TiVo CEO Tom Rogers commented on the conference call:
When it comes to our mass distribution business, we have unshackled our growth by eliminating the need for dedicated hardware. With Comcast and other cable operators we are looking to sign up, we are a software upgrade that transforms the generic DVR into TiVo.
Because of that, we are actually very excited by the number of generic DVRs the cable industry is looking to roll out, because each of those boxes, as additional cable deals are done, becomes a potential TiVo home with both a subscriber and advertising revenue elements. This creates a powerful business model, beyond the one that exists for our standalone retail business.
Just like HBO cheered on basic cable connections as the key to opening up more homes for their premium service, we, too, view the increase in the number of households taking generic DVRs as a significant new opportunity for us.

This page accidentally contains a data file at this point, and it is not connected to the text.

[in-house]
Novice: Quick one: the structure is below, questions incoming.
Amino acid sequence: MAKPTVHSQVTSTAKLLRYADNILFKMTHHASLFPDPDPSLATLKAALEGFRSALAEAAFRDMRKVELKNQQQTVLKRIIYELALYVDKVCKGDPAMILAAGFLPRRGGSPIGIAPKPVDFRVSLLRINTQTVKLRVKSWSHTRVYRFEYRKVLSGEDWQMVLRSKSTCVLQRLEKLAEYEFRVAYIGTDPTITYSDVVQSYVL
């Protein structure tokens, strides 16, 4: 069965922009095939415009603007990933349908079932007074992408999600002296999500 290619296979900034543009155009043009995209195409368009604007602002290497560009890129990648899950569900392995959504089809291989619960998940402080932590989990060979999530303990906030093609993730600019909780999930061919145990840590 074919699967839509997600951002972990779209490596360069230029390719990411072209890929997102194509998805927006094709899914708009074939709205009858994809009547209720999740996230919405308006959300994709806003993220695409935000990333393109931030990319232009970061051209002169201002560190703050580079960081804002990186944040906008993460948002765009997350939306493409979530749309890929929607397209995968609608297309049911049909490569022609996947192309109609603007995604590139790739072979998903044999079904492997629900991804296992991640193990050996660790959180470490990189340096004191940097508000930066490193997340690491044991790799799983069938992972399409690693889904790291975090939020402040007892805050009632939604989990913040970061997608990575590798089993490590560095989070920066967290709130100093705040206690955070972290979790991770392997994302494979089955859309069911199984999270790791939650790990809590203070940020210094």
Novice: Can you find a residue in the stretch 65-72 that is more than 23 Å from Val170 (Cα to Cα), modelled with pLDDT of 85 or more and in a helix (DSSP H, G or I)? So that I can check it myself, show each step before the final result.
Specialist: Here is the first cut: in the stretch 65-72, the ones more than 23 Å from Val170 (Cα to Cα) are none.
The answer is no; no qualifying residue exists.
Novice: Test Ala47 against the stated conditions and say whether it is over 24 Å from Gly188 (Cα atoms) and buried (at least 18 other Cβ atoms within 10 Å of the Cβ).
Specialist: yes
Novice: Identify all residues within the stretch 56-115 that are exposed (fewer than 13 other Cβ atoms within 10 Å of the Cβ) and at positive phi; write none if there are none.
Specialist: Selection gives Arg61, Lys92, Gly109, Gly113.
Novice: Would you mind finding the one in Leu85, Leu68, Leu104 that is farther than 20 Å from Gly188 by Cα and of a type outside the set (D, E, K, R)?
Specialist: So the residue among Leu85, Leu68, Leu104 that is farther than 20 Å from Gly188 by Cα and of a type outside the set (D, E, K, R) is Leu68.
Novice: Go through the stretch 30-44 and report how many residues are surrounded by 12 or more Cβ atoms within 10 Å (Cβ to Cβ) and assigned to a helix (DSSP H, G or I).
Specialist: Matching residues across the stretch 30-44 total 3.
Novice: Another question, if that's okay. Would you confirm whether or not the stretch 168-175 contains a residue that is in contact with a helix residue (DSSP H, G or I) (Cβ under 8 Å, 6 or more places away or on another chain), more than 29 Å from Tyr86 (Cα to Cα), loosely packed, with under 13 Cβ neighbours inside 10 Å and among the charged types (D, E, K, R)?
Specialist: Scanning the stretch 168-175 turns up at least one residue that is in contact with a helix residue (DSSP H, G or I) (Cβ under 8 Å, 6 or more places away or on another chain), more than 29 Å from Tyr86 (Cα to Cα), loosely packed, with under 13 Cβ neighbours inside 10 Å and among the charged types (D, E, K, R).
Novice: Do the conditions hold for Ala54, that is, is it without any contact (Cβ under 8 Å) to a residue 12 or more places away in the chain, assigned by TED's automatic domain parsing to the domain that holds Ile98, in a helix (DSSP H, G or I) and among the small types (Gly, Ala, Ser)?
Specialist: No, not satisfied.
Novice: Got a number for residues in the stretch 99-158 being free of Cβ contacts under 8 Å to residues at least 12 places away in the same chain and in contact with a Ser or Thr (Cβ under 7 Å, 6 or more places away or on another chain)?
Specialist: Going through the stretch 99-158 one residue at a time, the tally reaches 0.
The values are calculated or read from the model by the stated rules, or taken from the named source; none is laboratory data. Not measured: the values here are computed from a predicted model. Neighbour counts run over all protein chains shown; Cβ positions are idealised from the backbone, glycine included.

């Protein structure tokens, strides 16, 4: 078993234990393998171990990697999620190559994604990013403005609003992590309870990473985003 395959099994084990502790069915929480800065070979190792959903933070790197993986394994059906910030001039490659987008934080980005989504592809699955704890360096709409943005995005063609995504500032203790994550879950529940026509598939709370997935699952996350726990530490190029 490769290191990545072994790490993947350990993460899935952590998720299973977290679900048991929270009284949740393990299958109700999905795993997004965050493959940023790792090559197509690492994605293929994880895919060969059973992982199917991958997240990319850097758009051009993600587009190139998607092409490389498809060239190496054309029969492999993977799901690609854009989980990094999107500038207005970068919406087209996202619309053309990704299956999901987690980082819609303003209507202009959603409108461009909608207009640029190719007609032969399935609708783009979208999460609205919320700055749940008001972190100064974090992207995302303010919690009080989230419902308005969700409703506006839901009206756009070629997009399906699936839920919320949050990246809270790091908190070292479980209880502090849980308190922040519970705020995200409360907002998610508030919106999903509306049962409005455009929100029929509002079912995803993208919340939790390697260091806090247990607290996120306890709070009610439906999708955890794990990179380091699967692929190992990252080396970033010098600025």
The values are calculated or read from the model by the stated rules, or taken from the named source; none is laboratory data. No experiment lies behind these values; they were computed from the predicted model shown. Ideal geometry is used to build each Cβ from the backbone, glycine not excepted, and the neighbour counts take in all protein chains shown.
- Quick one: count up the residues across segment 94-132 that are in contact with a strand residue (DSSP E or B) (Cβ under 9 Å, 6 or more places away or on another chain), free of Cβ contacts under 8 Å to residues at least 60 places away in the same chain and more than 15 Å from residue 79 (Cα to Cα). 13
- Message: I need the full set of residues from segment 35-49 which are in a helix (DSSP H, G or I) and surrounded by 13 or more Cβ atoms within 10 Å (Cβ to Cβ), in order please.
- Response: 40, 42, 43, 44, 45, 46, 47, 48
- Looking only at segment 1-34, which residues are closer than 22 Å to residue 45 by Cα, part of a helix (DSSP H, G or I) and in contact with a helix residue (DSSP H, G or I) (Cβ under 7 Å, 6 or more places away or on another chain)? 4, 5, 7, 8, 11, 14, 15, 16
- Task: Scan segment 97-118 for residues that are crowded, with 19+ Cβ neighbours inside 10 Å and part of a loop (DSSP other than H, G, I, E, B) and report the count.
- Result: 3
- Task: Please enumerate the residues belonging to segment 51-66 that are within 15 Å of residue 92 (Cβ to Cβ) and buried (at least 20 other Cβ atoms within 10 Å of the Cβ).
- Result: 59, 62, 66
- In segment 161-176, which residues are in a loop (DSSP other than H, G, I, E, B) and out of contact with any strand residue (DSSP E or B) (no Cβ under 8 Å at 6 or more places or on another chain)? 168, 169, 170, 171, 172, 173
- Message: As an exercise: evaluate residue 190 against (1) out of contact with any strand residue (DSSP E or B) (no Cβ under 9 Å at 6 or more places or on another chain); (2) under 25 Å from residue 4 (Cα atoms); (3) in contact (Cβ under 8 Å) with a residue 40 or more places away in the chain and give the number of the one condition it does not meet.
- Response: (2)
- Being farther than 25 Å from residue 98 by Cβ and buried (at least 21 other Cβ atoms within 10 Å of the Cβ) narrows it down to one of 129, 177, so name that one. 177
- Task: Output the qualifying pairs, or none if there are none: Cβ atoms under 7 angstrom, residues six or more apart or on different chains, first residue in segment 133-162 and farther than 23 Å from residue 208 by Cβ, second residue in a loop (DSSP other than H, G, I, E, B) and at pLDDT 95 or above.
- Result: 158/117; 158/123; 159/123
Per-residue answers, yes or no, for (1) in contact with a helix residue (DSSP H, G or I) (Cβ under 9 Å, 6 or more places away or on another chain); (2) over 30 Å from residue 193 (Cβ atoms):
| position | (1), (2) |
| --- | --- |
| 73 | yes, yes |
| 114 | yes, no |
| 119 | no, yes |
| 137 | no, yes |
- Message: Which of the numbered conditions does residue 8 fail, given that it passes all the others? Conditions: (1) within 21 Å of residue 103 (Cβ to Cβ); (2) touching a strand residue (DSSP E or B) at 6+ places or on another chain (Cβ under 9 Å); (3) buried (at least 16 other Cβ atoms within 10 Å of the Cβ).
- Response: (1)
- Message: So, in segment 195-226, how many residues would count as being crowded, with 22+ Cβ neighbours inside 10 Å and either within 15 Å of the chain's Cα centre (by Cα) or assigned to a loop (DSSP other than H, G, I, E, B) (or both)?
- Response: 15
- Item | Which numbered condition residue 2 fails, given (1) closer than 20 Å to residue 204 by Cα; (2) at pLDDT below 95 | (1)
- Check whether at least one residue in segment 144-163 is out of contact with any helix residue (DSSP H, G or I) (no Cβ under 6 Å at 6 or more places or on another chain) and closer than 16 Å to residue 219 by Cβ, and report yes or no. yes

More skeptical angles on the challenges TiVo faces in the DVR market were recently articulated by Seeking Alpha contributor Andrew Schmitt and in Barron's. There's also a very good writeup on TiVo in Wikipedia, which includes this on the topic addressed by Rogers:
TiVo's market share has dropped as cable television operators have offered free or low-cost DVRs which are widely seen as inferior (at least by TiVo users), but which are still a huge improvement over plain old TV and are "good enough." They are often touted as having no up-front equipment costs and a lower subscription fee as well as seamless compatibility with the cable television system.
TIVO 1-yr chart: